Although James Johnston Pettigrew was a major figure in several important military campaigns, few surviving documents reflect his activities. There is, however, slight correspondence, chiefly discussing the hardships endured by soldiers in the field. See Series 3. for William S. Pettigrew's writings about his brother's service to the Confederacy and heroic death in 1863.
Much correspondence documents William's political maneuverings and his efforts to protect the family's holdings as the war closed in. William was elected to serve as Washington County's representative to the North Carolina Secession Convention (1861-1862), where he regretfully urged the state to leave the Union. See also Series 3. for William's writings about the Convention. William's correspondence after secession documents his continued involvement in the political scene, serving the Confederacy in several positions. Towards the end of the war, William attempted to render more active service by joining a battalion of senior reserves (1865).
On the homefront, the fall of Roanoke Island in 1862 was a turning point for the Pettigrews. William and Charles Lockhart Pettigrew, fearing imminent invasion by northern forces, took the precaution of marching their slaves out of the swamps and into Chatham County in central North Carolina. This move is vividly described in a letter from Jane Caroline North Pettigrew to her mother (22 March 1862). Other correspondence, some of it written/dictated by the slaves themselves, shows that, from their temporary residence about 50 miles from Raleigh, they were hired out as laborers in the region.
While Mary B. Pettigrew continued, in an understandably curtailed way, to circulate among family members, Ann B. S. entered into a wartime marriage with the Reverend Neill McKay, a Presbyterian minister (1863). In 1864, however, the new bride succumbed to an unidentified illness. At her side was her brother William, who often stayed with the McKays at their residence in Summerville, N.C. See Series 3. for William's description of his sister's death.
Other significant events documented in these papers include the death of James L. Petigru (1863) and the visit of Confederate vice-president Alexander Stephens to Cherry Hill plantation (22 August 1864).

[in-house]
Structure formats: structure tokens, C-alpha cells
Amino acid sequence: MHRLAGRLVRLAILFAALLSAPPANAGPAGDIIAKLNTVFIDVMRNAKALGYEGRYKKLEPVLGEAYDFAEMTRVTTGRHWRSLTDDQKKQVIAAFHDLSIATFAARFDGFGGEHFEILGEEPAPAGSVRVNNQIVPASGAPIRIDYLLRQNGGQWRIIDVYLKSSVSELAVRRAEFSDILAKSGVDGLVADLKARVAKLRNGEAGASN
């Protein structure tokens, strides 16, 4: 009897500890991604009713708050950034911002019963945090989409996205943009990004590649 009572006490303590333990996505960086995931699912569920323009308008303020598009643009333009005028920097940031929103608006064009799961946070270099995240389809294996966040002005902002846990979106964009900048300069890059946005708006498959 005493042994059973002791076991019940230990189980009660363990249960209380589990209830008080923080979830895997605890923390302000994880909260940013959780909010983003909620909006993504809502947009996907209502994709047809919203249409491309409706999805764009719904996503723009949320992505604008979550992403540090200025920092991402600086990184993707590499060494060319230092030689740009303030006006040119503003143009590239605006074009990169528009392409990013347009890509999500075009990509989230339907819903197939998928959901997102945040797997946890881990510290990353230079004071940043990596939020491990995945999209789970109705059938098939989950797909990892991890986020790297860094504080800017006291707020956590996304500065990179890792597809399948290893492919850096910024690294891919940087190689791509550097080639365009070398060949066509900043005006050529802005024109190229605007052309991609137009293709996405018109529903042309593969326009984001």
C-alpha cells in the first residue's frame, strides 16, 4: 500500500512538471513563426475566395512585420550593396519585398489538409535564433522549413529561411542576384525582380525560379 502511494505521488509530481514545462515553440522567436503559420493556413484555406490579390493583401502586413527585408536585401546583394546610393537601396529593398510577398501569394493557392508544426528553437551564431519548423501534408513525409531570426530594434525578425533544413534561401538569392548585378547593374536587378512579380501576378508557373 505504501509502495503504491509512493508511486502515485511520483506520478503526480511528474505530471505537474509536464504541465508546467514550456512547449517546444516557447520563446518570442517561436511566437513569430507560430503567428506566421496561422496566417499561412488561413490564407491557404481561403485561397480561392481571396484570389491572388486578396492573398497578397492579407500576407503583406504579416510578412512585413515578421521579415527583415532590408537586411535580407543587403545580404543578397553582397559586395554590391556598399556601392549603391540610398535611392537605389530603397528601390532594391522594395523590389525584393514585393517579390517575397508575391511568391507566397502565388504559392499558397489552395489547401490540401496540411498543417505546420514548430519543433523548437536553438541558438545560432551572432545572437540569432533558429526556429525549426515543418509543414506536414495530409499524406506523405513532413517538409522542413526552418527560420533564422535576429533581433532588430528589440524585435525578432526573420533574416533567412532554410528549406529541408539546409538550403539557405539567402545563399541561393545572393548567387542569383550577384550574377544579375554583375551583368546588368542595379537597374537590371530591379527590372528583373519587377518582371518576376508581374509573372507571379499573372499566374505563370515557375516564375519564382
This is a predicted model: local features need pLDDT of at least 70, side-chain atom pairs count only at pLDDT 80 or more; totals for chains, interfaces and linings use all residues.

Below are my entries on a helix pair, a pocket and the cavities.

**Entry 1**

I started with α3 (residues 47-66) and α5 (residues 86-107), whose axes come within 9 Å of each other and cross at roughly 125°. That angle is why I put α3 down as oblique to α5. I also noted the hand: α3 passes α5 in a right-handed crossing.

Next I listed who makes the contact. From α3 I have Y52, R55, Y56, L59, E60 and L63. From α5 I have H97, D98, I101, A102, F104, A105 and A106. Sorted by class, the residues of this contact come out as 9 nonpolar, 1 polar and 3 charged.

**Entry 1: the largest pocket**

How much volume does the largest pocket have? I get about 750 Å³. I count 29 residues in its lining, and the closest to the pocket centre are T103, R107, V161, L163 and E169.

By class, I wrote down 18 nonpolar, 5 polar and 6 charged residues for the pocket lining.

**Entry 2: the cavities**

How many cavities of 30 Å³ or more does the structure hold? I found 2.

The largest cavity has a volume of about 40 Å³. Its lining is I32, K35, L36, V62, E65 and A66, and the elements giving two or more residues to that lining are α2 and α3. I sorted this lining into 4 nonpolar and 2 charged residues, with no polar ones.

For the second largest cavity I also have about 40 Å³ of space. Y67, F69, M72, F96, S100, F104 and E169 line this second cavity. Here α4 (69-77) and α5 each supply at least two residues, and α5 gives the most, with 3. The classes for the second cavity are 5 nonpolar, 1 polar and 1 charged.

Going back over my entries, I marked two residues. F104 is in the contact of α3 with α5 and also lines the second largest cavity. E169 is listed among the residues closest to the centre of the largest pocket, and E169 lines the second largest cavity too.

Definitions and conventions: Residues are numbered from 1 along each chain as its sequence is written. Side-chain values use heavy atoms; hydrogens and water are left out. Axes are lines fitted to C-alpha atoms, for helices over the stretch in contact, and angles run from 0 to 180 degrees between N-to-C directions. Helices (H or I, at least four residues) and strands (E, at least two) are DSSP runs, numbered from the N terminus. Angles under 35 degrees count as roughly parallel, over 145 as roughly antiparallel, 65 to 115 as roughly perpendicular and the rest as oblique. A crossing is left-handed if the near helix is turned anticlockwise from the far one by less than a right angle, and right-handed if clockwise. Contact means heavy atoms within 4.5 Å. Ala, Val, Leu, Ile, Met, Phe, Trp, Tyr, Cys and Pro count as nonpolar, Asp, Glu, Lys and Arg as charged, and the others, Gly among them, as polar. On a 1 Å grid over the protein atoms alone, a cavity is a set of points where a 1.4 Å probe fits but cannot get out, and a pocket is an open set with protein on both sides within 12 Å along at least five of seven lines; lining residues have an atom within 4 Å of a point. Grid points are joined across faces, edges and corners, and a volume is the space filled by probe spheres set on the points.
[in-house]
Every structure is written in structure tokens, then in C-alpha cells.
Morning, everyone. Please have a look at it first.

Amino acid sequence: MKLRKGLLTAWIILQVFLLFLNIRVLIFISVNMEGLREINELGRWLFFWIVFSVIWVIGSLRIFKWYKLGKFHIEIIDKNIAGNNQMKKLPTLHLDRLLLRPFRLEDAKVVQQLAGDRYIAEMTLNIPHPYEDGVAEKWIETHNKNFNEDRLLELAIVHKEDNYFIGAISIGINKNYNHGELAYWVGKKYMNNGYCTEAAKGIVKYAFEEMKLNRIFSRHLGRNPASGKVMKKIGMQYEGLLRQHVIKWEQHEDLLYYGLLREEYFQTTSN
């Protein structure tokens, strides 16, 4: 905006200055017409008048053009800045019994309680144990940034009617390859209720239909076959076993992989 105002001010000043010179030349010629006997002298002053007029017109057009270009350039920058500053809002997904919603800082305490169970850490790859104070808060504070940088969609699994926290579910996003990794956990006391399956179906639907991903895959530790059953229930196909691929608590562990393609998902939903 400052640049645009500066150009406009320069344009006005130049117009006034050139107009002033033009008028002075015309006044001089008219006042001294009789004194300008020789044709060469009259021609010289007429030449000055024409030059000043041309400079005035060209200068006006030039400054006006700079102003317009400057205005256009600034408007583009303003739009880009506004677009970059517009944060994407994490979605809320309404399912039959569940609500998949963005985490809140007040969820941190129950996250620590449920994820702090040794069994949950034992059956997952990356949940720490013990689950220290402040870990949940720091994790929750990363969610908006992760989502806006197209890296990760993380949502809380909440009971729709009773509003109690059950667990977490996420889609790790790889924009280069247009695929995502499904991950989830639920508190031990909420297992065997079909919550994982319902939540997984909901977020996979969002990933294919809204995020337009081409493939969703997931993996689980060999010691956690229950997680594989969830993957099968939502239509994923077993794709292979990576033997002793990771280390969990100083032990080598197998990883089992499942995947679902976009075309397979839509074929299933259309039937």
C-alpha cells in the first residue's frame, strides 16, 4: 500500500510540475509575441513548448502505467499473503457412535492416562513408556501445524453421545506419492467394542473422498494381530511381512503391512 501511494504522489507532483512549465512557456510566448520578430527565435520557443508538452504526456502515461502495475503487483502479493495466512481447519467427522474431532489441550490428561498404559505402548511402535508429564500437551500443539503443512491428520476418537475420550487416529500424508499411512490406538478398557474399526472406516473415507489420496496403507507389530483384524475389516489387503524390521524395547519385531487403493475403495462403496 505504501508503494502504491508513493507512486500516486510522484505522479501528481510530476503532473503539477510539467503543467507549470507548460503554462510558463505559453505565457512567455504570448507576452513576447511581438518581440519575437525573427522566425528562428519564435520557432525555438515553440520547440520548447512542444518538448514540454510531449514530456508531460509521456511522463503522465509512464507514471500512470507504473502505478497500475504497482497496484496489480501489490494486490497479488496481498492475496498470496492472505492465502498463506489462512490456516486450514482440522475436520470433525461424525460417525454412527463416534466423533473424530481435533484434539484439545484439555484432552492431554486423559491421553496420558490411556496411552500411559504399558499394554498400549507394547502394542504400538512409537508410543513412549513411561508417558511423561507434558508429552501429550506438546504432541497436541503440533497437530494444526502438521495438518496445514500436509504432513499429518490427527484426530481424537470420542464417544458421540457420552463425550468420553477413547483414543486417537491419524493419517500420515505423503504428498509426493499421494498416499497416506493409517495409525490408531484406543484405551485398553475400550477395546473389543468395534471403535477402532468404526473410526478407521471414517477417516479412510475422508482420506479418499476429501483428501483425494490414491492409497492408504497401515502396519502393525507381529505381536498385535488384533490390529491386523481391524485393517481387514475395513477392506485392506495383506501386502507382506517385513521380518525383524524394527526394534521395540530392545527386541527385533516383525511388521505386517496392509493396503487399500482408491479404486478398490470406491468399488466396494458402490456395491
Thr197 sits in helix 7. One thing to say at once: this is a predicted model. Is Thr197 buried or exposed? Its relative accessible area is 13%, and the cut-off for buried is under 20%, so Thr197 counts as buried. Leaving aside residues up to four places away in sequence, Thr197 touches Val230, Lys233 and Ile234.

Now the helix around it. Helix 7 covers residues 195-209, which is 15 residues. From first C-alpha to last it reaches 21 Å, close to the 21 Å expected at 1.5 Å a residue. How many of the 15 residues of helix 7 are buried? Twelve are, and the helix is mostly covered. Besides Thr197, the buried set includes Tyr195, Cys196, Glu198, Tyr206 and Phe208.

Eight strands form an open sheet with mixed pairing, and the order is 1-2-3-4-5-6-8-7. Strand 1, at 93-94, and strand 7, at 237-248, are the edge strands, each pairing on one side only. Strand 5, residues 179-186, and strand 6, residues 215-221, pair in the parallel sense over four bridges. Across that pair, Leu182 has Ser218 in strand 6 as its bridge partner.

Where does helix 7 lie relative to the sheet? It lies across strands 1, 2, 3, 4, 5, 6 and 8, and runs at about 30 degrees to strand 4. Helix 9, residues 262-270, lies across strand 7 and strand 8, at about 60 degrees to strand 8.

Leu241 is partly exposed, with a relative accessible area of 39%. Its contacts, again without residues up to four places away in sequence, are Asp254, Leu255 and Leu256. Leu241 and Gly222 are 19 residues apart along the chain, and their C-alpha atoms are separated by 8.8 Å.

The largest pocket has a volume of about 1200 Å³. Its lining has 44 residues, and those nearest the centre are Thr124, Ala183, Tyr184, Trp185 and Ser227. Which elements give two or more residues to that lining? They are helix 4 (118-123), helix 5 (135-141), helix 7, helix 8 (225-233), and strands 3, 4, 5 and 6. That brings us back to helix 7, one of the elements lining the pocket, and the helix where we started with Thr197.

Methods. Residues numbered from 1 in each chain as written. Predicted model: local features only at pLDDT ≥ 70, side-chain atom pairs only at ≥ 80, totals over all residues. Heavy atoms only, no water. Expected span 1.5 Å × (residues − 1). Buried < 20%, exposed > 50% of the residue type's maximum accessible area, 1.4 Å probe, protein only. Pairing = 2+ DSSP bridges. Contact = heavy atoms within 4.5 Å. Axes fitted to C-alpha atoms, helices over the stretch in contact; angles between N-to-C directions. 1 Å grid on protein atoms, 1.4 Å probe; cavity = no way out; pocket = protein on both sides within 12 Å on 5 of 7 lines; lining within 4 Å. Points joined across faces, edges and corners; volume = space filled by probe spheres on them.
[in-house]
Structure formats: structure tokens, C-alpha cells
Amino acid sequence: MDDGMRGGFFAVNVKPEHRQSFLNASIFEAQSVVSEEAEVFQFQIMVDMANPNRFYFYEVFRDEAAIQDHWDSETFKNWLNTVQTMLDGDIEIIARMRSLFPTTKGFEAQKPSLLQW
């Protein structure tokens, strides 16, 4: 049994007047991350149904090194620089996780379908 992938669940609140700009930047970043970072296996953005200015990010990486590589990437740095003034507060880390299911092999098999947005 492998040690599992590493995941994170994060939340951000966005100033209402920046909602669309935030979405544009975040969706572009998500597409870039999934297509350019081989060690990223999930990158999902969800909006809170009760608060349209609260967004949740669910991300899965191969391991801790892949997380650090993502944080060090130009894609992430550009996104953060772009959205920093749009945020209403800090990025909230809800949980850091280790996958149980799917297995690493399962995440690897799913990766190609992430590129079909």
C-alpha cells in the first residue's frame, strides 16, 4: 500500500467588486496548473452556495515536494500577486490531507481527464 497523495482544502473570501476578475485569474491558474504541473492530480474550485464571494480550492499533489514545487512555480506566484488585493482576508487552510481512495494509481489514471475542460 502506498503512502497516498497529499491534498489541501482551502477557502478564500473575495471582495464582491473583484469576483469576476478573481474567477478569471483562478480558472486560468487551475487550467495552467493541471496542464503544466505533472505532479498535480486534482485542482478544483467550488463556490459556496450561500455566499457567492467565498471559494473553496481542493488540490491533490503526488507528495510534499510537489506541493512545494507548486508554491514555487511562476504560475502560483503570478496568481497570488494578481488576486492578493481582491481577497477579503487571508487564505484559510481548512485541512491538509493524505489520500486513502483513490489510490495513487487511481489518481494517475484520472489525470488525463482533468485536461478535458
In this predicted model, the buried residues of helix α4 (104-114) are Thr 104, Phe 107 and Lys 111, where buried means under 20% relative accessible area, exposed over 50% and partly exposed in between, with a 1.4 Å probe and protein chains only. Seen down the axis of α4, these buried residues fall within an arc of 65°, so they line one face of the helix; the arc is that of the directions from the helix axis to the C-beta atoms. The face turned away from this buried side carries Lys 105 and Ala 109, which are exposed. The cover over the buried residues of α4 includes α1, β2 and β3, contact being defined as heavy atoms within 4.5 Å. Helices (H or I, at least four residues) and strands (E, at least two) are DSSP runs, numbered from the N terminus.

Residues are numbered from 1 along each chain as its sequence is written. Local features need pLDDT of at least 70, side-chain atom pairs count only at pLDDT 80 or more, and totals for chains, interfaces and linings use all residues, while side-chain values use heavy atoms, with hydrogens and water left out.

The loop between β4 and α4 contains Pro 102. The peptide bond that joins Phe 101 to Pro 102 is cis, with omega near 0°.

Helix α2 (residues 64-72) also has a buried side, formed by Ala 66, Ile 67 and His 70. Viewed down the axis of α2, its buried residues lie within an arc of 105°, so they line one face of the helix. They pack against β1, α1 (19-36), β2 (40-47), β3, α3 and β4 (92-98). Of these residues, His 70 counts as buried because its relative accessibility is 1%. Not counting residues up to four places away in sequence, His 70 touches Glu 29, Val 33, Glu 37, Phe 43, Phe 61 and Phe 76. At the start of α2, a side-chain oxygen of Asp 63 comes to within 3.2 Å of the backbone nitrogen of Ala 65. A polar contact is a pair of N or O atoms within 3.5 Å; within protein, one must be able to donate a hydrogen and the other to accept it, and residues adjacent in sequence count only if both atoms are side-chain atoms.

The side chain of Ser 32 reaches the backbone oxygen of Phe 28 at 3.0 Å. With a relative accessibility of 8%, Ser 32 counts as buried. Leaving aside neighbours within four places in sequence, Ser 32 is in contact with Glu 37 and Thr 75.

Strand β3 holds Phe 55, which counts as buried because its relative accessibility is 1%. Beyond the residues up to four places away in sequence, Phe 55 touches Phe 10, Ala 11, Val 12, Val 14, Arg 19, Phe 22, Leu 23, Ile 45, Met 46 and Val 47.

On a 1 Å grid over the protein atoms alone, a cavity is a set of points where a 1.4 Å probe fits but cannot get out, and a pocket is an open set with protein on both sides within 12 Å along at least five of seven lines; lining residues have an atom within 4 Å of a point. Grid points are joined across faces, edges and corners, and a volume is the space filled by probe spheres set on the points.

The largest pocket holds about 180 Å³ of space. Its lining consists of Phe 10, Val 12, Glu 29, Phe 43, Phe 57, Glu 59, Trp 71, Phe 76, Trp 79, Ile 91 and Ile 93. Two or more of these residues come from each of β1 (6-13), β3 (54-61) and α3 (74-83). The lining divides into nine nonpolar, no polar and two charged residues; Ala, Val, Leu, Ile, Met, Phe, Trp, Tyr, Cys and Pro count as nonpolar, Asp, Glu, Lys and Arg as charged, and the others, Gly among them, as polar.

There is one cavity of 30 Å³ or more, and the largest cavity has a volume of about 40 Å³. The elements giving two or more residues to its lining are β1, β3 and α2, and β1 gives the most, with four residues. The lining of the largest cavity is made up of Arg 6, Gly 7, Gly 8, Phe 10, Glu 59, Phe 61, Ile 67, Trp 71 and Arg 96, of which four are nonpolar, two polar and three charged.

About 460 items.
Correspondence relating to the Pettigrew family's adjustment to post-war conditions. Documents reveal that, in the immediate aftermath of the Civil War, the family returned to the swamps to wage a futile battle aimed at resurrecting their ante-bellum way of life. As part of this effort, William S. Pettigrew and Charles Lockhart Pettigrew attempted to lure their former slaves back to the land as day laborers. Also calculated to stabilize the family's financial position was William's attempt to expand the scope of his business contacts. Of particular interest is his frequent correspondence with Atlanta businessman A. K. Seago (starting in mid-1866), who was eager to lend the desperate planter ready funds. Letters throughout this period reflect William's increasing disenchantment with farming and indecision about what to do next. Around 1867, William, having decided to become an Episcopal minister, started to transfer business responsibilities to others. In 1869, William left agriculture behind him and was ordained as a deacon in the church.
During this period, Charles Lockhart Pettigrew, his wife, and his children lived in much-reduced circumstances at Bonarva. Although it appears that no former slaves were tenants, some of the land was under cultivation by white tenant farmers. Charles Lockhart Pettigrew suffered throughout these years from a debilitating skin condition; Jane Caroline North Pettigrew attempted to educate her children at home. The eldest son, Charles Lockhart Pettigrew, Jr., was sent, however, to school in Oxford, N.C.
Mary B. Pettigrew, in June 1868, married P. Fielding Browne, a doctor, and moved to Norfolk, Va. Much correspondence centers around her homesickness.
About 260 items.
Correspondence relating to the family's continuing struggle to retain the lands around Lake Phelps. As of 1870, William S. Pettigrew was no longer actively involved in maintaining the family's holdings. In that year, he accepted a ministerial position in Henderson, N.C., and was ordained as a priest. Of special interest are letters between William and Thomas Atkinson, Episcopal bishop of North Carolina (ca. 1870). Later, William served several churches in the Warrenton, N.C., area. See Series 4 for details of William S. Pettigrew's church career. He also developed an interest in genealogy during this time, and corresponded with relatives in Ireland, with whom he discussed not only family history, but also poverty and tensions in the post-Civil War South and pre-rebellion Ireland. See Series 7 for family history materials.